Lastly, we demonstrate that TMEM16F functions as an essential factor to restrict persistent infection with virus. It is known that continuous antigenic stimulation suppresses T cell activation in chronic viral infection (Staron et al., 2014). Our work reveals that TMEM16F plays a critical role in this process, as TMEM16F-deficient T cells are not able to curb proliferation in vivo. In addition, suppression of T cell responses during chronic viral infection was shown to protect the host from immunopathology (Ou et al., 2008). Surprisingly, overactivation of T cells in TMEM16F deficiency does not affect mortality, but instead results in severe T cell exhaustion and defective antiviral responses, highlighting the sophisticated control of T cell responses in vivo. Significant advances have been made recently to better understand T cell exhaustion. It is commonly accepted that exhausted CD8 T cells still retain partial effector functions, which are crucial to restrain viral infection (Paley et al., 2012; Staron et al., 2014). In particular, the presence of T-bethi precursors in the exhausted population enables effective immunotherapy, owing to the fact that mainly T-bethi cells have the potential for reinvigoration after PD-1 pathway blockade (Blackburn et al., 2008). Remarkably, the presence of TMEM16F is a prerequisite for the maintenance of T-bethi cells during chronic infection, introducing TMEM16F as novel immune checkpoint to allow for a well-balanced immune response (Fig. S5). Ultimately, we propose targeting of TMEM16F to enhance its function to avoid exhaustion or reinvigorate T cell responses, thus enabling therapeutic strategies to improve efficacy of anti–PD-1 treatment against chronic diseases such as viral infection or cancer.

Materials and methods

Mice

Generation of TMEM16F−/− mice has been reported previously (Ehlen et al., 2013). WT littermate mice were used as control. WT and TMEM16F−/− mice were crossed to P14 TCR-transgenic animals. P14 TCR-transgenic mice were a gift from U. von Andrian (Harvard Medical School, Boston, MA). Rag1−/− mice were purchased from the The Jackson Laboratory. All animal procedures were approved by the Institutional Animal Care and Use Committee at Harvard Medical School.

Cells

MC57G and Jurkat cells (clone E6-1) were obtained from ATCC. Raji cells and 293T cells were provided by J. Lieberman (Boston Children’s Hospital, Boston, MA), and N. Hacohen (Massachusetts General Hospital, Boston, MA), respectively. Raji and Jurkat cells were cultured in RPMI-1640 supplemented with 10% FBS, 2 mM l-glutamine, 50 µM β-mercaptoethanol (β-ME), 10 U/ml penicillin/streptomycin, 1 mM sodium pyruvate, and 100 mM Hepes. MC57G and 293T cells were cultured in Dulbecco's modified Eagle's medium supplemented with 10% FBS, 2 mM l-glutamine, 10 U/ml penicillin and streptomycin, and 1 mM sodium pyruvate. All cell culture reagents were obtained from Life Technologies unless otherwise noted.

Plasmids

PMX-TMEM16F-RFP was provided by S. Nagata (Kyoto University, Kyoto, Japan). TMEM16F-RFP fusion cDNA was subcloned into pHAGE2 lentiviral vector under control of the tetracycline-responsive element (TRE) promoter (a gift from D. Rossi, Boston Children’s Hospital, Boston, MA). This vector harbors a human NGFR reporter separated by a P2A peptide fused in-frame upstream of TMEM16F-RFP. LAT-YFP was a gift from L.E. Samelson (National Institutes of Health [NIH], Bethesda, MD). PHR-mCherry-tSH2 (ZAP70), GFP-Rab5, GFP-Rab7, and GFP-Rab11 were obtained from Addgene. PLKO.1-Thy1.1 was provided by K. Wucherpfennig (Dana Farber Cancer Institute, Boston, MA). shRNA hairpin (TRCN0000134710) for human TMEM16F was obtained from the Sigma Mission library (Sigma-Aldrich). Nontarget shRNA hairpin was used as a negative control (SHC002; Sigma-Aldrich). shRNA hairpins were subcloned into pLKO-Thy1.1 lentiviral vector using BamHI and NdeI.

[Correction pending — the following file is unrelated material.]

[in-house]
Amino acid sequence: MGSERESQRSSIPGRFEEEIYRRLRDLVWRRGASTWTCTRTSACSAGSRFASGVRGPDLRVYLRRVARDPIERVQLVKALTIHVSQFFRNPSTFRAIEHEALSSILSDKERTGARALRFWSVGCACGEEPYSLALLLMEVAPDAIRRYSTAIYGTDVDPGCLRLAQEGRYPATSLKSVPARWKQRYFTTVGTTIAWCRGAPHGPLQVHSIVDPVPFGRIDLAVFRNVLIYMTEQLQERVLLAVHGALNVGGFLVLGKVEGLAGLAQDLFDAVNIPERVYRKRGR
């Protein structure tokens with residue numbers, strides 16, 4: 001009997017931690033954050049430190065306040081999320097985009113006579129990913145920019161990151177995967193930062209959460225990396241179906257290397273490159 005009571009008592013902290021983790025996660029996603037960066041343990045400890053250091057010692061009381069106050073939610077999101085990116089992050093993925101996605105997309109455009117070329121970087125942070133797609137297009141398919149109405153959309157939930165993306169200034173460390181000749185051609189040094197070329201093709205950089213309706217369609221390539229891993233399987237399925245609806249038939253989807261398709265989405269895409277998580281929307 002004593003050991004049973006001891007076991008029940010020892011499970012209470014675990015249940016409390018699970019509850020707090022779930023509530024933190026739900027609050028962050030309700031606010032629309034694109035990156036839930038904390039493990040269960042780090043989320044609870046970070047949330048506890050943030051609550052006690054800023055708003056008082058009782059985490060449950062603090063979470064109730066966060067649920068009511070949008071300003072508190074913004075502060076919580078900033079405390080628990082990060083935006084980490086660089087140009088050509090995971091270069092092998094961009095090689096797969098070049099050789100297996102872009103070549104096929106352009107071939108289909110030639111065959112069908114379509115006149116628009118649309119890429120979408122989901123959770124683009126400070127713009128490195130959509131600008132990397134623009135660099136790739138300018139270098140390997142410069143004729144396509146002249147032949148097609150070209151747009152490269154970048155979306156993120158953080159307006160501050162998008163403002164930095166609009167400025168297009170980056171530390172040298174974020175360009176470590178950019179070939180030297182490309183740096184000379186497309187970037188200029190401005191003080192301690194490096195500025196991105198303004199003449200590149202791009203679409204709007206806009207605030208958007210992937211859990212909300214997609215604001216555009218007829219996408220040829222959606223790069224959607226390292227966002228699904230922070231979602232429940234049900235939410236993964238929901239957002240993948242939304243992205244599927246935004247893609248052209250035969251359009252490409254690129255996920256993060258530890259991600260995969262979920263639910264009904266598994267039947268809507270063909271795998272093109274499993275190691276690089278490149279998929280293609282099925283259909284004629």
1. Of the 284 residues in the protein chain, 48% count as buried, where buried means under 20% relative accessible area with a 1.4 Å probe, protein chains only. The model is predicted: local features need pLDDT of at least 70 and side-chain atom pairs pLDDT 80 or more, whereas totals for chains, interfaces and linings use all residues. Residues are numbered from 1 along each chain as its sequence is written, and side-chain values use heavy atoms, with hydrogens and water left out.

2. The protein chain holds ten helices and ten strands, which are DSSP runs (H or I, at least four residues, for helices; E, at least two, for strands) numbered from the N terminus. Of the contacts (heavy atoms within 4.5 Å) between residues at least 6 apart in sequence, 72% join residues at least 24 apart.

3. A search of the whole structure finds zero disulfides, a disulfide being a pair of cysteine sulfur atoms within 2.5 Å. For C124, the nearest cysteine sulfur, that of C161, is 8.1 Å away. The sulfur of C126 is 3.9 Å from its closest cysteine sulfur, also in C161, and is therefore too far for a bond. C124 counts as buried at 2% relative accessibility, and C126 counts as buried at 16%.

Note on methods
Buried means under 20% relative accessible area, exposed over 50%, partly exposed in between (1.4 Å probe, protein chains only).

PS exposure

PS exposure assay was performed as previously reported (Suzuki et al., 2010). In brief, cells were treated with 1 µM A23187 (Sigma-Aldrich) in Ca2+-free HBSS buffer (Life Technologies) at 37°C for 15 min. After washing once with ice-cold HBSS buffer, cells were stained with FITC-Annexin V (eBioscience) together with fluorochrome-conjugated antibodies on ice for 15 min. Cells were washed and analyzed by flow cytometry.

Flow cytometry

The following antibodies were used for flow cytometry: CD8 (cat. no. 553035), B220 (553088), CD44 (553133), CD3ε (553066), and CD25 (102012) were purchased from BD; CD4 (cat. no. 100531), CD8 (100705), IFN-γ (505826), IL-2 (503808), T-bet (644808), Thy1.1 (202508), PD-1 (109109), CD45.1 (110722), and human NGFR (345108) were obtained from BioLegend; PD-1 (cat. no. 50–2073-82), FoxP3 (12-5773-82), TNF (17-7321-81), and Eomes (51-4875-82) were purchased from eBioscience.

Viability dye (eBioscience) or propidium iodide (PI; Sigma-Aldrich) were used in all experiments to exclude dead cells. For surface antigens, cells were stained with antibody cocktail in FACS buffer (PBS containing 0.5% BSA) on ice for 30 min. For intracellular cytokine staining, cells were stimulated with antigen or PMA (50 ng/ml) and Ionomycin (500 ng/ml; Sigma-Aldrich) for 3–5 h in the presence of GolgiStop (BD) before surface antigen staining. Next, cells were fixed and stained for cytokines using Cytofix/Cytoperm kit (BD) according to the manufacturer’s protocol. Staining of FoxP3, T-bet, and Eomes was performed using Foxp3/Transcription Factor Staining Buffer set (eBioscience) per the manufacturer’s instructions. Cells were processed using FACSCanto II (BD). All flow cytometry data were analyzed with FlowJo (Tree Star).